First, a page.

Ethan Anderson is a junior from Poplar Bluff, Missouri, studying English and history. Anderson is a McNair Scholar and a 2020 Kinder Summer Scholar. As a McNair Scholar, Anderson has conducted a summerlong artistry project under the direction of Samuel Cohen, associate professor of English. Anderson composed over 150 pages of critical and creative literary work. He presented his McNair work at the Midwestern Modern Language Association Conference in Chicago. Anderson has received the Hesburgh Award for Academic Achievement, the English Alumni Scholarship, and the Global Scholars Award from the College of Arts and Sciences, among others. He is currently studying with the University of Manchester in Manchester, England. Prior to his studies abroad, Anderson worked as an undergraduate writing tutor for the MU Writing Center. He has also participated in a graduate-level seminar on Renaissance British literature under Lee Manion, associate professor of English. Anderson is an active participant in MU Model United Nations and acted as a delegate in the 2019 American Model United Nations Conference, where the Mizzou team won “Best Delegation.” He has published creative nonfiction work, and his poetry has won a number of creative writing awards. He plans on going to graduate school for medieval English literature.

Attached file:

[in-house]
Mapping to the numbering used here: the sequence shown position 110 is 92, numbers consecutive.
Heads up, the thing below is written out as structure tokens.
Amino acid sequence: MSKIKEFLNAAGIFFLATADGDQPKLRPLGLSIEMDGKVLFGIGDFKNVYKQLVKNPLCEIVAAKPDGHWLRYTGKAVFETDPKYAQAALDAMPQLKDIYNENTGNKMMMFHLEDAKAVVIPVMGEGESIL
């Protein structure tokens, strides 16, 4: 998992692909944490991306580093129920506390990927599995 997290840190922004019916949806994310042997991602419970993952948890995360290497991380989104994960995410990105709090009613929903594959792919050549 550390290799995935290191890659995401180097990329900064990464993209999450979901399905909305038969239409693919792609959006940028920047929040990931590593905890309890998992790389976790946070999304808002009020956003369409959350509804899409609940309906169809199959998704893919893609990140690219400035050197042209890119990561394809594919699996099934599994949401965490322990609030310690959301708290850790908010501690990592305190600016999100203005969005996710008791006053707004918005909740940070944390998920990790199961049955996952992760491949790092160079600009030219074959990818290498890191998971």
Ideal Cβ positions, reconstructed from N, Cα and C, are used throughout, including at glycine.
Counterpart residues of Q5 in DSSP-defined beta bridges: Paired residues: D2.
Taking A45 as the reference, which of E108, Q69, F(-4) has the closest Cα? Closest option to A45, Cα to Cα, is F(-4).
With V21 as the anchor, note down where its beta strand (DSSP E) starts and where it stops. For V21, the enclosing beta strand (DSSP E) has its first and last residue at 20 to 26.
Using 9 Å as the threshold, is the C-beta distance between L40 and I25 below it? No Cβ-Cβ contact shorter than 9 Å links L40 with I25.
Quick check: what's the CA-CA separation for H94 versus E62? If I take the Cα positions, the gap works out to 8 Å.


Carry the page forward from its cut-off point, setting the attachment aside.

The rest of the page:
Abby Beckerdite is a senior biological engineering major from O’Fallon, Missouri. Her hobbies include biking, running and golfing. In her time at MU, she studied nervous system injury recovery and network behavior in the lab of David Schulz, professor of biological sciences. For her work, Beckerdite earned the Honors Scholar designation and was funded by the Life Sciences Undergraduate Research Opportunity Program stipend. She also conducted research under Ellen Wan, assistant professor of biomedical, biological and chemical engineering, developing an affordable, environmentally friendly method to produce graphene. In addition to research, Beckerdite held an internship with Nanova, a surgical device manufacturer. During this internship, she was selected to help run the company booth at the Arab Health Conference in Dubai. An active member of the MU community, Beckerdite serves as secretary of the Alpha Epsilon Honors Fraternity for Bioengineers and has volunteered with Mizzou Alternative Breaks. This fall, she will attend dental school at the Southern Illinois University School of Dental Medicine.